In the past few days, the Bank of England is thought to have sold perhaps as much as pounds 1bn- pounds 2bn for marks. The sales, to help repay loans advanced by the Bundesbank on Black Wednesday, led to the softer money market rates.
However, analysts believed that the speculation of a cut in base rates from the current 7 per cent was premature.
Most expect rates to be cut around the time of the Budget, which the Treasury yesterday set for 16 March.
The latest evidence on the economy is conflicting, and the Chancellor is known to believe that the full impact of the 'substantial' easing in monetary policy has yet to feed through.
The Bank's sales of pounds helped to drive down overnight money market rates as low as 4 per cent at one stage. The three- month interbank rate, which tracks City base rate expectations, edged just below 7 per cent for the first time this year. The pound dropped by 2.76 pfennigs to DM2.4868 but was just half a cent lower at dollars 1.5365.
The speculation was also helped by expectations that headline inflation for December, out today, will drop below 3 per cent for the first time since 1986.
But figures for notes in circulation in the first two weeks of January suggested that narrow money supply had continued to grow strongly in January, a point underlined in the Treasury's latest assessment of monetary conditions released earlier this week.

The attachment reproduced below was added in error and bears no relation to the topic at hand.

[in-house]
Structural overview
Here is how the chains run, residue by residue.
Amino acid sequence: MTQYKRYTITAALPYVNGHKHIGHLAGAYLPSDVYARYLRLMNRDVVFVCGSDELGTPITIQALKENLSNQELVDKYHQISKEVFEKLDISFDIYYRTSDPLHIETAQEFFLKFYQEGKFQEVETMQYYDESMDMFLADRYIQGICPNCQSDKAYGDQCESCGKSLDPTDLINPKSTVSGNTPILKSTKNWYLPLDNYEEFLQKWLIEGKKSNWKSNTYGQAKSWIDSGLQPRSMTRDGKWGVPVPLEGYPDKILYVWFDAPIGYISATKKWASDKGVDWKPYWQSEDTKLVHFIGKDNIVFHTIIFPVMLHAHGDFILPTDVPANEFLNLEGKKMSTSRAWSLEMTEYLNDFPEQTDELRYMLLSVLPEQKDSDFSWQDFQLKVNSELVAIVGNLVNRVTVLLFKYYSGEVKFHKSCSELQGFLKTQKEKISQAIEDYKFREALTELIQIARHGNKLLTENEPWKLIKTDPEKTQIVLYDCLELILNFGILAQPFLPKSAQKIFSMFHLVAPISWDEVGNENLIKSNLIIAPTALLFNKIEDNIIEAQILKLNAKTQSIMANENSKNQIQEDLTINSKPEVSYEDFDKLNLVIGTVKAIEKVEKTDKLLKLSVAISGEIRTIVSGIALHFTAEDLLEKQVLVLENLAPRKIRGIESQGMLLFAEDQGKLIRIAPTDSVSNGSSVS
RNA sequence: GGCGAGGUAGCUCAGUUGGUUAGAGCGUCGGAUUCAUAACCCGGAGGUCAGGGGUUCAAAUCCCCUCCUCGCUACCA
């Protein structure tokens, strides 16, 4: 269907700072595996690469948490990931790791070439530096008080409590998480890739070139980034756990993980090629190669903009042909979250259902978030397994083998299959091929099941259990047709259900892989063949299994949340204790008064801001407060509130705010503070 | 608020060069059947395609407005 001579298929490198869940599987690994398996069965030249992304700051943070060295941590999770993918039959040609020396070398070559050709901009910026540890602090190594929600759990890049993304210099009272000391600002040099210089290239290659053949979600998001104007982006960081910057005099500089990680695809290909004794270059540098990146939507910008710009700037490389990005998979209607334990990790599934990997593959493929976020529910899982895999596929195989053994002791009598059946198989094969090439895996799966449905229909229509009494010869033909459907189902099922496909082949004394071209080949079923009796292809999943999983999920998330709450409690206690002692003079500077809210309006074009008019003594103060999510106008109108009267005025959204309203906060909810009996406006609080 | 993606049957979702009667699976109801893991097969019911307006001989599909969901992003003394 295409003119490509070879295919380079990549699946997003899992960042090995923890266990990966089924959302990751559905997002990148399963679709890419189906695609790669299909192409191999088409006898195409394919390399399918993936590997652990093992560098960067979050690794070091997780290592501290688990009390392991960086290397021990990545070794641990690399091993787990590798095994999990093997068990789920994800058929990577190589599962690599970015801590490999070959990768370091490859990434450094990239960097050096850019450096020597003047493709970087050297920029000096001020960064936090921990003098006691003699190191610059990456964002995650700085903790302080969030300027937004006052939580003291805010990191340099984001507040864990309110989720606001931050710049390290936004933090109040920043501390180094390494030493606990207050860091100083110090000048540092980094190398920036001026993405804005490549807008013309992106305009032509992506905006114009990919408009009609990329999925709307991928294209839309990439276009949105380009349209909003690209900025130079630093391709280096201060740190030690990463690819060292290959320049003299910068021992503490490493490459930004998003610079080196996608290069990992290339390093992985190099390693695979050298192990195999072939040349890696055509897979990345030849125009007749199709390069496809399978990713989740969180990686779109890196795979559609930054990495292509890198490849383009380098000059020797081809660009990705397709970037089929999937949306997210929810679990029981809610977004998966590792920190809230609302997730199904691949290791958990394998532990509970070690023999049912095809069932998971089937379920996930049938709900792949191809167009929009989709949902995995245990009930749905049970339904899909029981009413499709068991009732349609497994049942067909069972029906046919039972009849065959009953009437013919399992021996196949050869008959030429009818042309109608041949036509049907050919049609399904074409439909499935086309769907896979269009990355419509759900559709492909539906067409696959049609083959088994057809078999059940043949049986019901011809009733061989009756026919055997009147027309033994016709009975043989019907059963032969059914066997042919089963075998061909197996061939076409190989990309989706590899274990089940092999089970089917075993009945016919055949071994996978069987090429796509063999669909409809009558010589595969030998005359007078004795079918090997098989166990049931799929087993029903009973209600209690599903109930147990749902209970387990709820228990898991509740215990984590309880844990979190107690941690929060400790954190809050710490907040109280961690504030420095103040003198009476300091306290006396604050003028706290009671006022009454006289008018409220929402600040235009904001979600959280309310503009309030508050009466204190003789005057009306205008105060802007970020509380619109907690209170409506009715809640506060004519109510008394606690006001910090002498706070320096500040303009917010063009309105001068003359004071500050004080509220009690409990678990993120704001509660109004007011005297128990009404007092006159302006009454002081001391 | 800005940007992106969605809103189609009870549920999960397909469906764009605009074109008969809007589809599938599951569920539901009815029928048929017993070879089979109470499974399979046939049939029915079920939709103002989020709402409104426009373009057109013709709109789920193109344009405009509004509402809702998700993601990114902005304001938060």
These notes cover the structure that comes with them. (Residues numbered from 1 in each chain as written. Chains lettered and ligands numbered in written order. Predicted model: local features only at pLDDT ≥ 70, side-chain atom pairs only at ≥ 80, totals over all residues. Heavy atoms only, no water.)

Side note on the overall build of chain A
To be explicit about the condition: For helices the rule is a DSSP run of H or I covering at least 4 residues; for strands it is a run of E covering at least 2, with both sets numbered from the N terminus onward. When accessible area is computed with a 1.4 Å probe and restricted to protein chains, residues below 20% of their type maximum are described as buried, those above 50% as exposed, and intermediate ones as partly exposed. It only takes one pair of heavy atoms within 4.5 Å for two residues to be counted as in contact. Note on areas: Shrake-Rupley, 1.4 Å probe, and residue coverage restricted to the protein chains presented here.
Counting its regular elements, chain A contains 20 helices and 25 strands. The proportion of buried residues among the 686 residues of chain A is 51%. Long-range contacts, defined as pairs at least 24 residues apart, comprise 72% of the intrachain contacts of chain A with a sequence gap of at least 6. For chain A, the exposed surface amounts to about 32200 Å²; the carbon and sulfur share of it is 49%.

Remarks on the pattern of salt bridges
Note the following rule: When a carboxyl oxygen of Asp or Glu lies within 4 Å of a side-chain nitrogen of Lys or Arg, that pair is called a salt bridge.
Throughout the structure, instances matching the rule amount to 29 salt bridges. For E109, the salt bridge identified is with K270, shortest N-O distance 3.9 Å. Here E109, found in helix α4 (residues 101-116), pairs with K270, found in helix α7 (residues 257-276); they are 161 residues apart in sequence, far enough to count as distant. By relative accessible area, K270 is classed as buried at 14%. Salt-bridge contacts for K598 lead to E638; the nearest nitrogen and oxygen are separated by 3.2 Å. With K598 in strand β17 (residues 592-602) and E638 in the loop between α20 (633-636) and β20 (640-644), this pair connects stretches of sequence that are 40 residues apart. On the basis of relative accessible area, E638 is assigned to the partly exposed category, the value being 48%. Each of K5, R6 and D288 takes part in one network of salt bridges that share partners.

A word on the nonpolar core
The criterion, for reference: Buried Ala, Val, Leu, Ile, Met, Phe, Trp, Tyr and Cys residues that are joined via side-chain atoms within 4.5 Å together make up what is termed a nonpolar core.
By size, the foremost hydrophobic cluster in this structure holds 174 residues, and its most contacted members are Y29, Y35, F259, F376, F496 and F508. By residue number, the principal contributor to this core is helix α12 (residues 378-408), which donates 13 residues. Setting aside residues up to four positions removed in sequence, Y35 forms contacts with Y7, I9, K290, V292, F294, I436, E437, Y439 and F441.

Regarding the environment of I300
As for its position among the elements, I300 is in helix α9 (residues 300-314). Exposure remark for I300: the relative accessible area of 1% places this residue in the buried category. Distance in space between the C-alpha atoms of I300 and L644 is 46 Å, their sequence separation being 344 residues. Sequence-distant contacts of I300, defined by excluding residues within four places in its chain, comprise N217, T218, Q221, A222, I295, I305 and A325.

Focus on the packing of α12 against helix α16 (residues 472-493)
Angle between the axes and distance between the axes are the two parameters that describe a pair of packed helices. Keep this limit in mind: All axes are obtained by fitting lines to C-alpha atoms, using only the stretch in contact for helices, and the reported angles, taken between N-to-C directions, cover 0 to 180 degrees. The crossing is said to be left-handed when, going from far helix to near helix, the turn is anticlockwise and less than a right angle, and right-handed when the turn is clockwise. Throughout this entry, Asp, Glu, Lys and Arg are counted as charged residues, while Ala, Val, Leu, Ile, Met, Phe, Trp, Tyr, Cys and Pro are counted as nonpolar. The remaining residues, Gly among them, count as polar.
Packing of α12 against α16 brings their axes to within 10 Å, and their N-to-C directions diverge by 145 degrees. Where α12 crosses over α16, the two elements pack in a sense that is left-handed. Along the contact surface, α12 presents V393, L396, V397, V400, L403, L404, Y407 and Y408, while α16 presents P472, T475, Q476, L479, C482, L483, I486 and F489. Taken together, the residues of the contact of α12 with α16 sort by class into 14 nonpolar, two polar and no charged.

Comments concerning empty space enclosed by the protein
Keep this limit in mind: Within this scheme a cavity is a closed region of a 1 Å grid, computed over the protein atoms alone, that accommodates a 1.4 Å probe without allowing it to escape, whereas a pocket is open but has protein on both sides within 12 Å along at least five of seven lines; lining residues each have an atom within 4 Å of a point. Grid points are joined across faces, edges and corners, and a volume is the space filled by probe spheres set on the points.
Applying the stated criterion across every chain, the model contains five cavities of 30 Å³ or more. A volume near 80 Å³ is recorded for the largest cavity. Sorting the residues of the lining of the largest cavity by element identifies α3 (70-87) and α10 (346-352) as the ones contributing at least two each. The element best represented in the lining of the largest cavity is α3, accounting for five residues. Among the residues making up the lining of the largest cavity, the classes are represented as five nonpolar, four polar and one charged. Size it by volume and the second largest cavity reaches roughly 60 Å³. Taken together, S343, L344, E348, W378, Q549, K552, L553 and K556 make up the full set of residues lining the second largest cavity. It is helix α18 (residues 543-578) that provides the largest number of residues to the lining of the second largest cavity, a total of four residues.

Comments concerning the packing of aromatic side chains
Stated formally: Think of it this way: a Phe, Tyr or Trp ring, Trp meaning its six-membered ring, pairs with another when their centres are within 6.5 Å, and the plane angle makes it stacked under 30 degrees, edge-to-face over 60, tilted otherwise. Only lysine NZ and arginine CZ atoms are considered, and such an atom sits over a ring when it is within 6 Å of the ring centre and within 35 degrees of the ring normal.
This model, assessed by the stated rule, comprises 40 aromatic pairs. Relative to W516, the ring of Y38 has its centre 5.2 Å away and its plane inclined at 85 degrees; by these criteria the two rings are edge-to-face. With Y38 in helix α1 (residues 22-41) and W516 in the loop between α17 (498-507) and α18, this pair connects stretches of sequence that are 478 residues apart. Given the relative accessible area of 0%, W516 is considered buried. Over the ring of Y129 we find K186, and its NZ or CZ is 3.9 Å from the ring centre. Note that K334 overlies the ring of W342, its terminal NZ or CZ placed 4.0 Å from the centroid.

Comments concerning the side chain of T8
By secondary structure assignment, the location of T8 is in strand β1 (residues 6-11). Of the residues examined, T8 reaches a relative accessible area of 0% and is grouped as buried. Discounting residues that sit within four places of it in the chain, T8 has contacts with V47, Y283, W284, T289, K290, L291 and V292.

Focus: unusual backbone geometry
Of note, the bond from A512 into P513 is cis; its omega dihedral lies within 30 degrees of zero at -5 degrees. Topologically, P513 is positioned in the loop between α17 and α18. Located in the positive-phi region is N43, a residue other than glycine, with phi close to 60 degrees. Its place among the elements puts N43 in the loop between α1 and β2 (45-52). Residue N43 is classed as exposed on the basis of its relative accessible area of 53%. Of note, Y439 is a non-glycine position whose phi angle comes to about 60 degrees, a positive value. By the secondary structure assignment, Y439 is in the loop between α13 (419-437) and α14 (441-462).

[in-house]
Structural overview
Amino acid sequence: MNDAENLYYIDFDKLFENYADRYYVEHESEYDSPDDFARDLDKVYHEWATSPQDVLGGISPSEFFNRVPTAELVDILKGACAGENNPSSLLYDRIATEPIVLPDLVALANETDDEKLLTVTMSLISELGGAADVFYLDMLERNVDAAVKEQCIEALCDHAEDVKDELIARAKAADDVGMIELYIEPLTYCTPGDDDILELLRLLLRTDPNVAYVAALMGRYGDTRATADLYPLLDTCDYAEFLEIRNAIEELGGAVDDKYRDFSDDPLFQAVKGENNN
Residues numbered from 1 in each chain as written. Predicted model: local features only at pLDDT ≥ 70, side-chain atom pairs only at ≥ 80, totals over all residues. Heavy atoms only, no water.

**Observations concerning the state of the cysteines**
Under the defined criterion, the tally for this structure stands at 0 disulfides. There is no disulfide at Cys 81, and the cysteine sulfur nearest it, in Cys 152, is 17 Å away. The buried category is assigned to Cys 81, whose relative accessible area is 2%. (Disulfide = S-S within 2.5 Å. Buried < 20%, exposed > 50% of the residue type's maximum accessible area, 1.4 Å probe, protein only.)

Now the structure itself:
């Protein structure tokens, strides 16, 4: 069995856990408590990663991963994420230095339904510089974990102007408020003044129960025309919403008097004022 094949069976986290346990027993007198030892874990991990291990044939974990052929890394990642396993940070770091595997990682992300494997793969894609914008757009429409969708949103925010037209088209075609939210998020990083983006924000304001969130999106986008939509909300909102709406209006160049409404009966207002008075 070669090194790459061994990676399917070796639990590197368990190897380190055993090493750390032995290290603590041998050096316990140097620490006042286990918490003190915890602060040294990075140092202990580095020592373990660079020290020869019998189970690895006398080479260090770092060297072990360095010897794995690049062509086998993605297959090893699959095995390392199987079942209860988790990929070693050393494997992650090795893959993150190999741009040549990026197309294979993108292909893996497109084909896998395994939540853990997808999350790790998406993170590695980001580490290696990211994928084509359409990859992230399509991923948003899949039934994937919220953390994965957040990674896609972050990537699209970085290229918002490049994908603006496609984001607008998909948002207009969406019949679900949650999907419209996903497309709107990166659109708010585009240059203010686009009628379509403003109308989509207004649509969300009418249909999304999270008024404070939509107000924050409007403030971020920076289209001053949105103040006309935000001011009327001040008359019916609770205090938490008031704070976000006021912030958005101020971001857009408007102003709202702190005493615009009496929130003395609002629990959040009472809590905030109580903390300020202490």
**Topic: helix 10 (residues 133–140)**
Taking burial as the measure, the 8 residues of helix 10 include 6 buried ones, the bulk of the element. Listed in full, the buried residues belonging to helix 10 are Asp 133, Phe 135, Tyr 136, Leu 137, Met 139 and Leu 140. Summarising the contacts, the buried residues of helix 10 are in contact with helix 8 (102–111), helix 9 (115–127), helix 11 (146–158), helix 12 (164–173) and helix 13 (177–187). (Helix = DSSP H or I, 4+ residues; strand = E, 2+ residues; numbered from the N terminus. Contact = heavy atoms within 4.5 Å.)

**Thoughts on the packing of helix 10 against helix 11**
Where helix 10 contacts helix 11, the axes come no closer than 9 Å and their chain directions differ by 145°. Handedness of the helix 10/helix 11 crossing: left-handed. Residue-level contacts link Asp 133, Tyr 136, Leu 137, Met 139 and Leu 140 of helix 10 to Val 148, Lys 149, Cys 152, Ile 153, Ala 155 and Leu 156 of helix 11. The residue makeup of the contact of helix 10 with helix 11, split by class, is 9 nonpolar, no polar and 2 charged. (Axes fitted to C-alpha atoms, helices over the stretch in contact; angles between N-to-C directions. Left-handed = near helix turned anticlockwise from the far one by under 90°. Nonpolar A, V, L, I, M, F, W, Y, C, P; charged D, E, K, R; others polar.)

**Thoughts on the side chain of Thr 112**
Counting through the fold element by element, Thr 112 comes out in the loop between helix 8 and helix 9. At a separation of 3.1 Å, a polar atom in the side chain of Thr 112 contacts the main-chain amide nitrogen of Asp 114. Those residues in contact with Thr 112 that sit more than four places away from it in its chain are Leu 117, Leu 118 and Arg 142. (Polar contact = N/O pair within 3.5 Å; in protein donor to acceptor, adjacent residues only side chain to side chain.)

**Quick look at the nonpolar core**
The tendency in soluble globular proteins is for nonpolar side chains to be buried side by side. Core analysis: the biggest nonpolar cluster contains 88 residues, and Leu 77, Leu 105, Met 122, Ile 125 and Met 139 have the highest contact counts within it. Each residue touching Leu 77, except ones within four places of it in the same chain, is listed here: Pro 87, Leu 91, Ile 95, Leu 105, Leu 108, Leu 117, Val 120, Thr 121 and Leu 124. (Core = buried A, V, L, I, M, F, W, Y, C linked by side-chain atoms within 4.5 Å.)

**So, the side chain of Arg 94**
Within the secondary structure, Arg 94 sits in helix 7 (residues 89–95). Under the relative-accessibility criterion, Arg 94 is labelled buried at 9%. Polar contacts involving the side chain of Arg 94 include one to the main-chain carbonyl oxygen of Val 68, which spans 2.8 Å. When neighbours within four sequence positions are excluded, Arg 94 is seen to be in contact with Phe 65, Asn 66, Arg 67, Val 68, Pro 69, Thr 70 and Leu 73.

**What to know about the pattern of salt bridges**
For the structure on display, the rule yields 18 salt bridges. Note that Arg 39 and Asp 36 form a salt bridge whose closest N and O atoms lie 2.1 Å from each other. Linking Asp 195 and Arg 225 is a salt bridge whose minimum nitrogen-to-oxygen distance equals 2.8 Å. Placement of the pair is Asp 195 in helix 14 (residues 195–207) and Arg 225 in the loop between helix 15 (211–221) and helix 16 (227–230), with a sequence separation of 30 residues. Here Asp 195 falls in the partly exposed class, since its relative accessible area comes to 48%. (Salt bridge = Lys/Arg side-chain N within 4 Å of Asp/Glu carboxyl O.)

The Confederation of British Industry disclosed that London, one of the regions hit hardest by the recession, had begun to show faltering signs of an upturn, but said that the regional economy remained too weak to lift employment.
The CBI's London director, Jane Calvert-Lee, said there were encouraging signs that the bottom end of the housing market had begun to improve, helped partly by increased funding for housing associations. Telecommunications traffic was also displaying a slight increase.
In an early Budget submission, the Institute of Directors yesterday urged the Chancellor to lower rather than raise taxes, and called instead for spending cuts and a revolutionary new approach to public expenditure.Reuse content